Vernon K. Robbins

Sociorhetorical Interpretation

Emory Studies in Early Christianity

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1 Corinthians 9: Historical intertexture

Paul: 1 Corinthians

Historical intertexture is present in nine verses that represent five contexts in 1 Cor. 9. The first instance occurs in 9.1: 'Have I not seen Jesus our Lord'? This statement evokes the image of at least one event in the past when Paul saw the Lord Jesus. Whether the statement is true or not, or exactly what the nature of that event might have been, the discourse does not say. The reader must go to evidence available outside this chapter to explore that intertexture, just like the reader must go to a text like the Septuagint, gospels or other discourse to explore the nature of oral-scribal intertexture.

The second instance of historical intertexture occurs in 9.11: 'If we have sown spiritual good among you, is it too much if we reap your material benefits'? This verse refers to one or more events in the past when Paul and Barnabas (9.6), and perhaps some other associates, worked among the Corinthians to initiate a particular kind of spirituality. The nature of that spirituality will emerge as the analysis continues. At present, the issue is the reference to past activity among the Corinthians which creates historical intertexture in the text.

The third instance occurs in 9.12: 'Nevertheless, we have not made use of this right, but we endure anything rather than put an obstacle in the way of the gospel of Christ'. This verse refers to something which has not happened in the context of the activity of Paul and his associates with the Corinthians. Historical intertexture occurs again as the discourse refers to past (and perhaps present) endurance of hardship which comes from the necessity to provide their own livelihood as they work among them. We will return to the last half of the verse, which provides a rationale for not making use of the right. Only the first part of the verse contains historical intertexture.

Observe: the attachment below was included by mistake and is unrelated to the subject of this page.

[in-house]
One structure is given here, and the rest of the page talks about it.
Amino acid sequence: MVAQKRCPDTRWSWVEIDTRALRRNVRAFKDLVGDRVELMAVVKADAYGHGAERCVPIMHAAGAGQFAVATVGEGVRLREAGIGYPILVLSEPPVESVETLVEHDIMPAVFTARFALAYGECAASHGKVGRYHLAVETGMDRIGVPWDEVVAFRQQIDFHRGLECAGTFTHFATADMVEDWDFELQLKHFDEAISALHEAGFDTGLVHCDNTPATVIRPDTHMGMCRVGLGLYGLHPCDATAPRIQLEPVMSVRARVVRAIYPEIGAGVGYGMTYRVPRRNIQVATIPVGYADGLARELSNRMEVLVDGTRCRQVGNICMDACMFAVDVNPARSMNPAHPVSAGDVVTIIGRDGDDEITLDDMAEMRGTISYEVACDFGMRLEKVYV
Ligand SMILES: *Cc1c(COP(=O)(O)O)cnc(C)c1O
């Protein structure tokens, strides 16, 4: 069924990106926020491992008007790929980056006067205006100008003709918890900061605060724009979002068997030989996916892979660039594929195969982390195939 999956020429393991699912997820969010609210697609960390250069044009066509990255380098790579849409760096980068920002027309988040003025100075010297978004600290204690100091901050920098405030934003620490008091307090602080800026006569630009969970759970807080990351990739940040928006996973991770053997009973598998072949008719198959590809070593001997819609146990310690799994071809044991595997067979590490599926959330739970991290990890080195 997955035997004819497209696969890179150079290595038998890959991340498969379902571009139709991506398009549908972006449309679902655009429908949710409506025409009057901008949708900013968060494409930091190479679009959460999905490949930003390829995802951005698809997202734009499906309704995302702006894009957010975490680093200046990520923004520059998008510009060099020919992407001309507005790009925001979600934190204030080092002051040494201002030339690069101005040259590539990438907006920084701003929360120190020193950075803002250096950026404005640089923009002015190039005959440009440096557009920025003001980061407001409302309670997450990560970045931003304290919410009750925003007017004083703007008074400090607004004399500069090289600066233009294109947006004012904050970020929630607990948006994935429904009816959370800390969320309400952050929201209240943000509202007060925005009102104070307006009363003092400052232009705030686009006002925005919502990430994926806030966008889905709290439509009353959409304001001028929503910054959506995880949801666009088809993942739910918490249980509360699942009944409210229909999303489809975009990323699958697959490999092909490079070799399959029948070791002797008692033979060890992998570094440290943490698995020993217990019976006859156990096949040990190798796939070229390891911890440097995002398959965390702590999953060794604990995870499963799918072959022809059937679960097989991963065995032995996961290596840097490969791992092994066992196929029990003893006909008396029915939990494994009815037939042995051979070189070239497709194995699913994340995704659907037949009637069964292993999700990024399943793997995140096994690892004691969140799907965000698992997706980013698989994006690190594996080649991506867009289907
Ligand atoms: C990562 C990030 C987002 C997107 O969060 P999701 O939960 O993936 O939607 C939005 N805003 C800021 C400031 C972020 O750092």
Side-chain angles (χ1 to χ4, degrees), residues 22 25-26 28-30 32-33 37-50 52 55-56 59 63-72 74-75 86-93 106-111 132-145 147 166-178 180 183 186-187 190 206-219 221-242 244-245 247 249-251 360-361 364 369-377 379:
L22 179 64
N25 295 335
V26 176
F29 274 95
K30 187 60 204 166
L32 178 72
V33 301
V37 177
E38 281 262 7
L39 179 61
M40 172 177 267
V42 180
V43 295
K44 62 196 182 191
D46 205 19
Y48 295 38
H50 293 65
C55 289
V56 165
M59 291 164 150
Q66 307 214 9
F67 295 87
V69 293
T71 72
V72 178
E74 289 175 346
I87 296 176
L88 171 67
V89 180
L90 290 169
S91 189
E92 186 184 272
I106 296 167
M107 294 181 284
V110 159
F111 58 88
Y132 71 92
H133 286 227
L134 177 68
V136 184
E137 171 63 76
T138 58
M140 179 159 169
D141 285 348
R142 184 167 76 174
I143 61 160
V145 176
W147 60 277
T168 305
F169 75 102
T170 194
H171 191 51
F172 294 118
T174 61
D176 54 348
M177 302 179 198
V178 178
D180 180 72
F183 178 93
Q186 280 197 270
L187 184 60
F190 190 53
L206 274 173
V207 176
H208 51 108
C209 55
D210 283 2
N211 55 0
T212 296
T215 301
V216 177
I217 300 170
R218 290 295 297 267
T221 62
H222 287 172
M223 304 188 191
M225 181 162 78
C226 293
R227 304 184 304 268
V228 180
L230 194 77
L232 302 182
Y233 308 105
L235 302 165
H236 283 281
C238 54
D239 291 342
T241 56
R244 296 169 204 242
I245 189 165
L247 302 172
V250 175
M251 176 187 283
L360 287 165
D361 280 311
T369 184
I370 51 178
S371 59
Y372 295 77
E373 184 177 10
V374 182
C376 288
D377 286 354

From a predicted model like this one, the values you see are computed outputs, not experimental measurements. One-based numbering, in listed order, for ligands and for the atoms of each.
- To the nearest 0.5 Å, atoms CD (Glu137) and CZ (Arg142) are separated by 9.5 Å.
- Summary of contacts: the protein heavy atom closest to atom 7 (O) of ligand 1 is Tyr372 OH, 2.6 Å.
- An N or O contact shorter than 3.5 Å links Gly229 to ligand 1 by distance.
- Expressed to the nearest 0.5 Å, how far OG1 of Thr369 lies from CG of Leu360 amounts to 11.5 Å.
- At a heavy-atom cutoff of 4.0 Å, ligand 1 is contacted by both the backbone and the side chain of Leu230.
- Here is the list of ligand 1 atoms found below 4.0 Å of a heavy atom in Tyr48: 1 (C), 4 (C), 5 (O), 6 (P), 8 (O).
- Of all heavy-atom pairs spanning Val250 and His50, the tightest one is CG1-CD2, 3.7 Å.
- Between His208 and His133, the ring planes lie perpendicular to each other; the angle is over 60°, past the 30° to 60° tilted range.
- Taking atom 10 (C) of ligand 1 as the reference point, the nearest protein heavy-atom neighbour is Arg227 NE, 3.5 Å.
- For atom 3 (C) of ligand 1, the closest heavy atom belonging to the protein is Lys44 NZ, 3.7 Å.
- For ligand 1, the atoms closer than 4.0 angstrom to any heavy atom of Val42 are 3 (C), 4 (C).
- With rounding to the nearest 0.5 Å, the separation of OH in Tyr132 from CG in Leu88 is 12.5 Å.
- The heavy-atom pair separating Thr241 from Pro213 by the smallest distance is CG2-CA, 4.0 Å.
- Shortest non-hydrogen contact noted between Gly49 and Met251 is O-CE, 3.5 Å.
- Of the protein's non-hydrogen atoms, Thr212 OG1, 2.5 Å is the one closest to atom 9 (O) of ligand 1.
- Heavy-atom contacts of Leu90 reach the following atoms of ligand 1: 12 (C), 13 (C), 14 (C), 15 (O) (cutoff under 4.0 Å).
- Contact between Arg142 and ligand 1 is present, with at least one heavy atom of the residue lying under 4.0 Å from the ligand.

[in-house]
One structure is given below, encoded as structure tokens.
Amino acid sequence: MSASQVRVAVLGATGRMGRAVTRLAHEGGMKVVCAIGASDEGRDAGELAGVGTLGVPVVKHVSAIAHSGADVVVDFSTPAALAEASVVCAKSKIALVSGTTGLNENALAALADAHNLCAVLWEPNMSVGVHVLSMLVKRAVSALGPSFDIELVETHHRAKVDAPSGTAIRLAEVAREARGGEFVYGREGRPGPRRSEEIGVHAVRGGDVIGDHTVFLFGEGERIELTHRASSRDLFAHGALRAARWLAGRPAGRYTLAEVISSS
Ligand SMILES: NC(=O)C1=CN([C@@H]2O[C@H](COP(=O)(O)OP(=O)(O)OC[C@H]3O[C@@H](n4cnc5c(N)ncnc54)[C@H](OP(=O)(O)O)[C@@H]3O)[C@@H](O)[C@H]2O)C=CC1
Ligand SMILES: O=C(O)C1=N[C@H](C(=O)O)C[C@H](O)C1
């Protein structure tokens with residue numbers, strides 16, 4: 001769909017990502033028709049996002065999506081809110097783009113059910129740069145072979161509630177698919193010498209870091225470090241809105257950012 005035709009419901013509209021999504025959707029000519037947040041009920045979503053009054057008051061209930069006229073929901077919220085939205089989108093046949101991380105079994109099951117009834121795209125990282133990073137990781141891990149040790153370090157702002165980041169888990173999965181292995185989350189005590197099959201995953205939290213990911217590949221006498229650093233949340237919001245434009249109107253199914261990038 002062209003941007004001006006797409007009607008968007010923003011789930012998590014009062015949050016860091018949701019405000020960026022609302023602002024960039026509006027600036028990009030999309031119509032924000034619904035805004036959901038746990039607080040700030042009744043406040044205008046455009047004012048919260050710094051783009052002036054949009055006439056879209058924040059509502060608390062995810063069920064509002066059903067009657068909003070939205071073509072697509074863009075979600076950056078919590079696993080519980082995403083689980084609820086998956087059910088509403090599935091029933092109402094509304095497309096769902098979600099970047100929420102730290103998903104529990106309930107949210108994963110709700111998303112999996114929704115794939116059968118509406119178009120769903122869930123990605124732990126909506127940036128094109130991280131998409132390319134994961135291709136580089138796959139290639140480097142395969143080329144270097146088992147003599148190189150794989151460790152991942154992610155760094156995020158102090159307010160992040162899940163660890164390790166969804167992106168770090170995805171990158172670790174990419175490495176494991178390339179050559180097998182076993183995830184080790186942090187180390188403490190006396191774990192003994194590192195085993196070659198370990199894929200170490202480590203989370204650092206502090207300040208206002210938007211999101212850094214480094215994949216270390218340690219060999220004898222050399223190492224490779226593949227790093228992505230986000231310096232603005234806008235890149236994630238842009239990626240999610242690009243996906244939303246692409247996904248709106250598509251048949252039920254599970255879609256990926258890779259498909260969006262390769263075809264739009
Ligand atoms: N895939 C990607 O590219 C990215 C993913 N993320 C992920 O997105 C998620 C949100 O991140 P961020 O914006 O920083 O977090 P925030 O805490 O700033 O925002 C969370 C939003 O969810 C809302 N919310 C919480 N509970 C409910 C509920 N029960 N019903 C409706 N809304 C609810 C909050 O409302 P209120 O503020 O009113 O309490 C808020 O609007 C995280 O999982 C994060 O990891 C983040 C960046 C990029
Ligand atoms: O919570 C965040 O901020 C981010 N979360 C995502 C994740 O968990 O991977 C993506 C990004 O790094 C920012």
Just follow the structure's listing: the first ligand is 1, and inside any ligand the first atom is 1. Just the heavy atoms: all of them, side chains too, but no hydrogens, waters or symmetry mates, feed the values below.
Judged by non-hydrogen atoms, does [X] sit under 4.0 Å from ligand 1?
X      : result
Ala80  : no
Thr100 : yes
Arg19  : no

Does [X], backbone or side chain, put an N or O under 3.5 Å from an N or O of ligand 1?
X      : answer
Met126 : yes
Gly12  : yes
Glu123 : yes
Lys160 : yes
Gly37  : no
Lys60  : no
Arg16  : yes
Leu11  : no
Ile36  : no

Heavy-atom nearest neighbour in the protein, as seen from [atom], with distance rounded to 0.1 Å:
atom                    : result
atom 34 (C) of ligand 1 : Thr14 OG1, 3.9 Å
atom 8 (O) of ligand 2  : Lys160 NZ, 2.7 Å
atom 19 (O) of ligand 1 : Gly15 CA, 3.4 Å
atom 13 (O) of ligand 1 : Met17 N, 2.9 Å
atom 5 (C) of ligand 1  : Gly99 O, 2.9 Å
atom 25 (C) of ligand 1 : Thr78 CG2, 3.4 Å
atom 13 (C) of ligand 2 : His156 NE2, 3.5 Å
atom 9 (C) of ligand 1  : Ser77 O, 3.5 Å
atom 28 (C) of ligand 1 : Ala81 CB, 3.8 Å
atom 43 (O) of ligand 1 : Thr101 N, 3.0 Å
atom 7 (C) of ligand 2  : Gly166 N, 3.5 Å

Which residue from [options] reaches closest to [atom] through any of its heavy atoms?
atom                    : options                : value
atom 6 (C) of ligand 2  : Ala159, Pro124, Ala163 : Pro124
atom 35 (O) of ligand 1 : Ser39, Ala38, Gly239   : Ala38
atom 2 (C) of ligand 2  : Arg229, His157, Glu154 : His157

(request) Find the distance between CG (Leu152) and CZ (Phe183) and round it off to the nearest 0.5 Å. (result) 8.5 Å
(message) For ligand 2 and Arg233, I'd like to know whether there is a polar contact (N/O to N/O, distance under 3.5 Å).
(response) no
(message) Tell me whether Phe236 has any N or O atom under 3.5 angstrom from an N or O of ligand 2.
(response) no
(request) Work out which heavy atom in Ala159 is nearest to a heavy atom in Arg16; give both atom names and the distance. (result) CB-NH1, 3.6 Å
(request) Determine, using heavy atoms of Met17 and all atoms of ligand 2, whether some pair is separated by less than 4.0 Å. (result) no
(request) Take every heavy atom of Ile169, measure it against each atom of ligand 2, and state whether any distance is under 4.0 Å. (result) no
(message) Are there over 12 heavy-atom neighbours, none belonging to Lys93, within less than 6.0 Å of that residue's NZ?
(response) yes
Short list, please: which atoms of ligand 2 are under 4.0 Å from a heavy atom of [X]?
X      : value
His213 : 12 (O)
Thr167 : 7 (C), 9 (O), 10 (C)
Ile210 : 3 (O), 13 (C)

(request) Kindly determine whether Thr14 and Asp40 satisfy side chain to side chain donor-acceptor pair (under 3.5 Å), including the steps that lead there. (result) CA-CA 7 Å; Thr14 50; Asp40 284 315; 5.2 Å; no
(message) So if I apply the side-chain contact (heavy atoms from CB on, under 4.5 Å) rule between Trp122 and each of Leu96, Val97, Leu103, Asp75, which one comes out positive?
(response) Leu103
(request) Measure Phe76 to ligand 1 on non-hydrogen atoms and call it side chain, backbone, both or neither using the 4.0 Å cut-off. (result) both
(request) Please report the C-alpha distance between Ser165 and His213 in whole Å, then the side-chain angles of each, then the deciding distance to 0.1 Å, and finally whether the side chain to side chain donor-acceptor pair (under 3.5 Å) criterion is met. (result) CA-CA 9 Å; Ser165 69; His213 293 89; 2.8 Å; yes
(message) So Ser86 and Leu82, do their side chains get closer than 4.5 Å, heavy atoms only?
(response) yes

Historical intertexture appears the fourth time in 9.15: 'But I have made no use of any of these rights, nor am I writing this to secure any such provision'. This is a reiteration of the reference in 9.12 with an addition that characterizes the discourse in the present letter as an historical event. The formulation, sending and arrival of this letter is an additional historical event; this event is not to be construed as a request for money or any other kind of provision, just as none of the other previous events were. Historical intertexture, then, may be oriented toward the future, the present or the past. This verse refers clearly to past and present, and perhaps implicitly to the future: (a) in the past Paul did not request or accept provisions for his livelihood from the Corinthians; (b) the present activity of the writing of the letter is not a request for provisions; (c) when the letter arrives and is read to the Corinthians, the letter will not at that time be a request for provisions.

The fifth occurrence of historical intertexture appears in 9.19-22 and contains a series of statements: